Chlamydomonas reinhardtii Has Multiple Prolyl
4-Hydroxylases, One of Which Is Essential for Proper
Cell Wall Assembly
and Johanna Myllyharju
Collagen Research Unit, Biocenter Oulu and Department of Medical Biochemistry and Molecular Biology, University of Oulu,
FIN-90014 Oulu, Finland
Biocenter Oulu and Department of Pathology, University of Oulu, FIN-90014 Oulu, Finland
Prolyl 4-hydroxylases (P4Hs) catalyze formation of 4-hydroxyproline (4Hyp), which is found in many plant glycoproteins. We
cloned and characterized Cr-P4H-1, one of 10 P4H-like Chlamydomonas reinhardtii polypeptides. Recombinant Cr-P4H-1 is a
soluble 29-kD monomer that effectively hydroxylated in vitro both poly(
-Pro) and synthetic peptides representing Pro-rich
motifs found in the Chlamydomonas cell wall Hyp-rich glycoprotein (HRGP) GP1. Similar Pro-rich repeats that are likely to be
Cr-P4H-1 substrates are also present in the cell wall HRGP GP2 and probably GP3. Suppression of the gene encoding Cr-P4H-1
by RNA interference led to a defective cell wall consisting of a loose network of ﬁbrils resembling the inner and outer W1 and W7
layers of the wild-type wall, while the layers forming the dense central triplet were absent. The lack of Cr-P4H-1 most probably
affected 4Hyp content of the major HRPGs of the central triplet, GP1, GP2, and GP3. The reduced 4Hyp levels in these HRGPs
can also be expected to affect their glycosylation and, thus, the interactive properties and stabilities of their ﬁbrous shafts.
Interestingly, our RNA interference data indicate that the nine other Chlamydomonas P4H-like polypeptides could not fully
compensate for the lack of Cr-P4H-1 activity and are therefore likely to have different substrate speciﬁcities and functions.
4-Hydroxyproline (4Hyp) is found in many Hyp-rich plant glyco-
proteins (HRGPs) that are the major structural components of cell
walls (for reviews, see Cassab, 1998; Kieliszewski and Shpak,
2001). The HRGP family contains three major subgroups: repet-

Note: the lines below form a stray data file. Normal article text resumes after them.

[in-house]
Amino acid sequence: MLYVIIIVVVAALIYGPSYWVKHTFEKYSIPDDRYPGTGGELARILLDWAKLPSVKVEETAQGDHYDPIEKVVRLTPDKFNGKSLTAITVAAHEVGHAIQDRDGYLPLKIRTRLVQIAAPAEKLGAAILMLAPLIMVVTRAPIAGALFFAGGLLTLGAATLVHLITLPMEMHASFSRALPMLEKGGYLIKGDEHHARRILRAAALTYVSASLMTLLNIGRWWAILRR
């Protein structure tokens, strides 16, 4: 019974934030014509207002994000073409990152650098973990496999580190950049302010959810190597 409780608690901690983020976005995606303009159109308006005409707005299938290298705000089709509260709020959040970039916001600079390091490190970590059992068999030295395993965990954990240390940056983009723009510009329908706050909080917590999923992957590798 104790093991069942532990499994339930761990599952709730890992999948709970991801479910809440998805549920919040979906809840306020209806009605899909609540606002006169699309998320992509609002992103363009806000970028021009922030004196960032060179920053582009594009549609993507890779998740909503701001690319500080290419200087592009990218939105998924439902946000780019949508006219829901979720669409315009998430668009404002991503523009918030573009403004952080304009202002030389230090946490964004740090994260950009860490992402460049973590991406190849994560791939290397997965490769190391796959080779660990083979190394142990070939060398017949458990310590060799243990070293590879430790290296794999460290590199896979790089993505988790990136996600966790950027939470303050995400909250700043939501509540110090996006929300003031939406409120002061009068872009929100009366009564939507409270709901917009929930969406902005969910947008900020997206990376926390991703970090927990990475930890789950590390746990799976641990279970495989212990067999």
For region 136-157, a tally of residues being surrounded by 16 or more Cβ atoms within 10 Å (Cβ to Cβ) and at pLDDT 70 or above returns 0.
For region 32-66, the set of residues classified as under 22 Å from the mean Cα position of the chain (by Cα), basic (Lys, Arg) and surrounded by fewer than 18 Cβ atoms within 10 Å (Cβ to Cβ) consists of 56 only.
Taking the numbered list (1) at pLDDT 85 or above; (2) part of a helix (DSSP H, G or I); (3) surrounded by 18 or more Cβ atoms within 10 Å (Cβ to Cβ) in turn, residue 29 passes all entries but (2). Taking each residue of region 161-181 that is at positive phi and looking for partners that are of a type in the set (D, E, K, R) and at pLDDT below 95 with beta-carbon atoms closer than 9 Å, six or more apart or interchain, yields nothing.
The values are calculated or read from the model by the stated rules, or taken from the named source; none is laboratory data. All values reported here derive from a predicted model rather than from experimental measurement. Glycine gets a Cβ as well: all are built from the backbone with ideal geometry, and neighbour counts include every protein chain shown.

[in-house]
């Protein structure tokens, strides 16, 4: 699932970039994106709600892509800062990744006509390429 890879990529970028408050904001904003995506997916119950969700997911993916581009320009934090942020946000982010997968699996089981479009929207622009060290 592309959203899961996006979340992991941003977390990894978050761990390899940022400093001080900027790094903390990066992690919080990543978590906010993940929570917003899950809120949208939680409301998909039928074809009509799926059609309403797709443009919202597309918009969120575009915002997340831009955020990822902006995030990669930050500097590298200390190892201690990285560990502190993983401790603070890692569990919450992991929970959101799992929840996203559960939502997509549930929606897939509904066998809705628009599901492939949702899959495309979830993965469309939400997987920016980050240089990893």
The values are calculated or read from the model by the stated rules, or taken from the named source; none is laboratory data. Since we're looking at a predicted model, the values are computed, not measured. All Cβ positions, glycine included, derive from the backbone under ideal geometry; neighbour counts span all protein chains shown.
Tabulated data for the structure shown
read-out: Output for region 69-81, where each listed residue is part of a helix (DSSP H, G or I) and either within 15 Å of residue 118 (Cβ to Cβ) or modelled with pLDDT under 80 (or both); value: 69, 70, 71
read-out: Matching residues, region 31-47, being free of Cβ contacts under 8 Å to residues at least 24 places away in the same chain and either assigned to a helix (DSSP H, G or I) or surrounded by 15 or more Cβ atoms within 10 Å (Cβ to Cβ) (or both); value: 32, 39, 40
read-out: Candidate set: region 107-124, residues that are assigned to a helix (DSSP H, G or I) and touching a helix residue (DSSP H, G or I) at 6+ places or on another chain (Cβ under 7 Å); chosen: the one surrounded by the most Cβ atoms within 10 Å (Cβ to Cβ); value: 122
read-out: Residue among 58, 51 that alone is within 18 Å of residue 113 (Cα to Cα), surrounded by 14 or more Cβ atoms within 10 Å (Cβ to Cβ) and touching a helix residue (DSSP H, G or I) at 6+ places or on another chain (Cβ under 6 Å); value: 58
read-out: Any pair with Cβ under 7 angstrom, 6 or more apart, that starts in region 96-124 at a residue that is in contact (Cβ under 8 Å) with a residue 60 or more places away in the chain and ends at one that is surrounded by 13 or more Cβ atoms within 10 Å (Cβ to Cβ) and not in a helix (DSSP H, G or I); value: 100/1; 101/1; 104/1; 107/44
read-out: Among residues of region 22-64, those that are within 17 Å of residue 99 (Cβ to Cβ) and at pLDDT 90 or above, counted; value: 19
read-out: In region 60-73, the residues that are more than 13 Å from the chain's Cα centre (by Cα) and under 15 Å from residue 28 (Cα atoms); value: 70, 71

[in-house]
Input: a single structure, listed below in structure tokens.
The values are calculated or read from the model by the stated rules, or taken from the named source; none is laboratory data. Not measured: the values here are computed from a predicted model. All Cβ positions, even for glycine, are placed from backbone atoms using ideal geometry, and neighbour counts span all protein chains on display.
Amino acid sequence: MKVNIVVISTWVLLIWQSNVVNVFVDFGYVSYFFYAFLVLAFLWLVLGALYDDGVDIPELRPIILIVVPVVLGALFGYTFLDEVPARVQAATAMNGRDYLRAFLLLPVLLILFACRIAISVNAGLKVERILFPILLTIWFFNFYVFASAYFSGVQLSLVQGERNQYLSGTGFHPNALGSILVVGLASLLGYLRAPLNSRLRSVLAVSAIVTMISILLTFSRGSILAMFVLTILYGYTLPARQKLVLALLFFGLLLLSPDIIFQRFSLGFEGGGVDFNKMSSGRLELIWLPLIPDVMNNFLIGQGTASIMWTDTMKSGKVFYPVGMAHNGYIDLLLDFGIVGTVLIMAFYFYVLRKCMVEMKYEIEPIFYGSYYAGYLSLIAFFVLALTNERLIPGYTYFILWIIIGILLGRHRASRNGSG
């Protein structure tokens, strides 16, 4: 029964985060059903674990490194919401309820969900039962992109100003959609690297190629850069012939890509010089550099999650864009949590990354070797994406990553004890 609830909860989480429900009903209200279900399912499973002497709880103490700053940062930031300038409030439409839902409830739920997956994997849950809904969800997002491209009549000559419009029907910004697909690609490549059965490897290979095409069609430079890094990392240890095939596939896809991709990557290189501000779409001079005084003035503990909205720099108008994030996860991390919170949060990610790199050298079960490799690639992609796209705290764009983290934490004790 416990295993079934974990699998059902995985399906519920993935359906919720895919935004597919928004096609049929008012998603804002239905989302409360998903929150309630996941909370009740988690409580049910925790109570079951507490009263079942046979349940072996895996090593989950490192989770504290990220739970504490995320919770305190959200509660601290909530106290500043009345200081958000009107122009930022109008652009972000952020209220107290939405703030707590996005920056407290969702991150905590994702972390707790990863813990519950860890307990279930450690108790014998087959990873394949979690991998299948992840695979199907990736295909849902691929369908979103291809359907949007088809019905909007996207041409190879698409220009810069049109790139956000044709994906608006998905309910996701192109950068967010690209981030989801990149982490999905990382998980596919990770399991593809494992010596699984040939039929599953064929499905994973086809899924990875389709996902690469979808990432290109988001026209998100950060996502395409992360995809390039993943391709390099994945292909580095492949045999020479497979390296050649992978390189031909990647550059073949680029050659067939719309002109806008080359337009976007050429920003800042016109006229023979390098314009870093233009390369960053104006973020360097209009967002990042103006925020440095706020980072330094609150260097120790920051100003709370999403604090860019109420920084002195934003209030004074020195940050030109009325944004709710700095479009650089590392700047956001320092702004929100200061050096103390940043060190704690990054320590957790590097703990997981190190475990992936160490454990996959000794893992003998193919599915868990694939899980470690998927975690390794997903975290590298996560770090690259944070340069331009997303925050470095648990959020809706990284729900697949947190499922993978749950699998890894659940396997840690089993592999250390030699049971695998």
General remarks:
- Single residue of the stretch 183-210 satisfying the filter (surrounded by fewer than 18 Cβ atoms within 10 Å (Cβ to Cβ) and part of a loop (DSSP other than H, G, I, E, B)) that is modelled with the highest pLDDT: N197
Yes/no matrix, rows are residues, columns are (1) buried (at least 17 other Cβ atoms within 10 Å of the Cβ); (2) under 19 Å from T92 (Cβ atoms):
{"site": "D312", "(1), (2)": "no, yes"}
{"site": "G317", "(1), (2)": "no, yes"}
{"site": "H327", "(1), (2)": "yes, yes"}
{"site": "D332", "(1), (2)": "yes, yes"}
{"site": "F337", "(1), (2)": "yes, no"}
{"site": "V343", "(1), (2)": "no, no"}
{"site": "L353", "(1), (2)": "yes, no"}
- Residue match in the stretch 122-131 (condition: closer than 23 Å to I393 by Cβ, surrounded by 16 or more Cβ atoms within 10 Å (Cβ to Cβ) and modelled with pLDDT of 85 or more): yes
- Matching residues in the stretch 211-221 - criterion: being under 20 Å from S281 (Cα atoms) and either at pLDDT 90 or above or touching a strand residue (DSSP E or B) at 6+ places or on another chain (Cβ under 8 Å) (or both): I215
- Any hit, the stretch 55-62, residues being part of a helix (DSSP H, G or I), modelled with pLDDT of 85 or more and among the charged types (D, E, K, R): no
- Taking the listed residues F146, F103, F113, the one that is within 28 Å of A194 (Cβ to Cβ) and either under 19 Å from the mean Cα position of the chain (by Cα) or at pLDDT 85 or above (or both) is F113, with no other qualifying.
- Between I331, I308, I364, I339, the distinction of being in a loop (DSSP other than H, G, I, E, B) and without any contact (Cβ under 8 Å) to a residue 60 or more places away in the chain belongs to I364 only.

itive Pro-rich proteins, extensins, and arabinogalactan proteins
(Cassab, 1998; Kieliszewski and Shpak, 2001). The cell walls in
green algae are almost entirely built up from extensin-like HRGPs,
the Chlamydomonas reinhardtii cell wall containing 25 to 30 dif-
ferent HRGPs (Adair and Snell, 1990; Sumper and Hallmann,
1998). In addition, sexual adhesion of C. reinhardtii gametes
during mating occurs via agglutinins that are also HRGPs (Ferris
et al., 2005). Three classes of Pro-rich motifs that consist of con-
tiguous Pro residues, Pro residues alternating with some other
amino acid, mostly Ser, and -Pro-Pro-Ser-Pro-X- repeats have
been identiﬁed in algal HRGPs, with many of the Pro residues
being subsequently 4-hydroxylated (Adair and Snell, 1990; Sumper
and Hallmann, 1998; Ferris et al., 2001).
Most of the 4Hyp in animal proteins is found in collagens and
>20 additional proteins with collagen-like sequences. 4Hyp res-
idues play a critical role in all collagens, as they are essential for
the formation of stable collagen triple helices at body tempera-
ture (for reviews, see Kivirikko and Pihlajaniemi, 1998; Myllyharju,
2003; Myllyharju and Kivirikko, 2004).
The formation of 4Hyp in all these proteins is catalyzed by
prolyl 4-hydroxylases (P4Hs), which act on Pro residues in pep-
tide linkages and require Fe
, 2-oxoglutarate, O
, and ascorbate
(Kivirikko and Pihlajaniemi, 1998; Myllyharju, 2003). The well-
characterized vertebrate type I, II, and III collagen P4Hs (C-P4Hs)
reside within the lumen of the endoplasmic reticulum and are
tetramers in which the catalytic a subunits have three iso-
forms: a(I), a(II), and a(III) (Helaakoski et al., 1989; Annunen et al.,
1997; Kukkola et al., 2003; Van Den Diepstraten et al., 2003).
Animal C-P4Hs have also been identiﬁed and characterized from
nematodes (Veijola et al., 1994; Friedman et al., 2000; Winter
and Page, 2000; Merriweather et al., 2001; Myllyharju et al.,
2002; Riihimaa et al., 2002; Winter et al., 2003) and Drosophila
melanogaster (Annunen et al., 1999; Abrams and Andrew, 2002).
A second family of animal P4Hs has a cytoplasmic and nuclear
location. It consists of three isoenzymes with no b subunit that
play a central role in the oxygen-dependent regulation of the
hypoxia-inducible transcription factor HIF (Bruick and McKnight,
2001; Epstein et al., 2001; Ivan et al., 2002). These HIF-P4Hs are
effective oxygen sensors due to their high K
values for O
et al., 2003).
Plant P4Hs have been partially puriﬁed and characterized from
many higher plant sources (for a review, see Kivirikko et al., 1992)
and the green algae C. reinhardtii and Volvox carteri (Kaska et al.,
1987, 1988), but the only plant P4Hs cloned and characterized so
far are two monomeric enzymes, At-P4Hs 1 and 2, from Arabi-
dopsis thaliana and one from Nicotiana tabacum (Hieta and
To whom correspondence should be addressed. E-mail johanna.
myllyharju@oulu.ﬁ; fax 358-8-537 5811.
The author responsible for distribution of materials integral to the
ﬁndings presented in this article in accordance with the policy described
in the Instructions for Authors (www.plantcell.org) is: Johanna Myllyharju
Online version contains Web-only data.
The Plant Cell, Vol. 19: 256–269, January 2007, www.plantcell.org
2007 American Society of Plant Biologists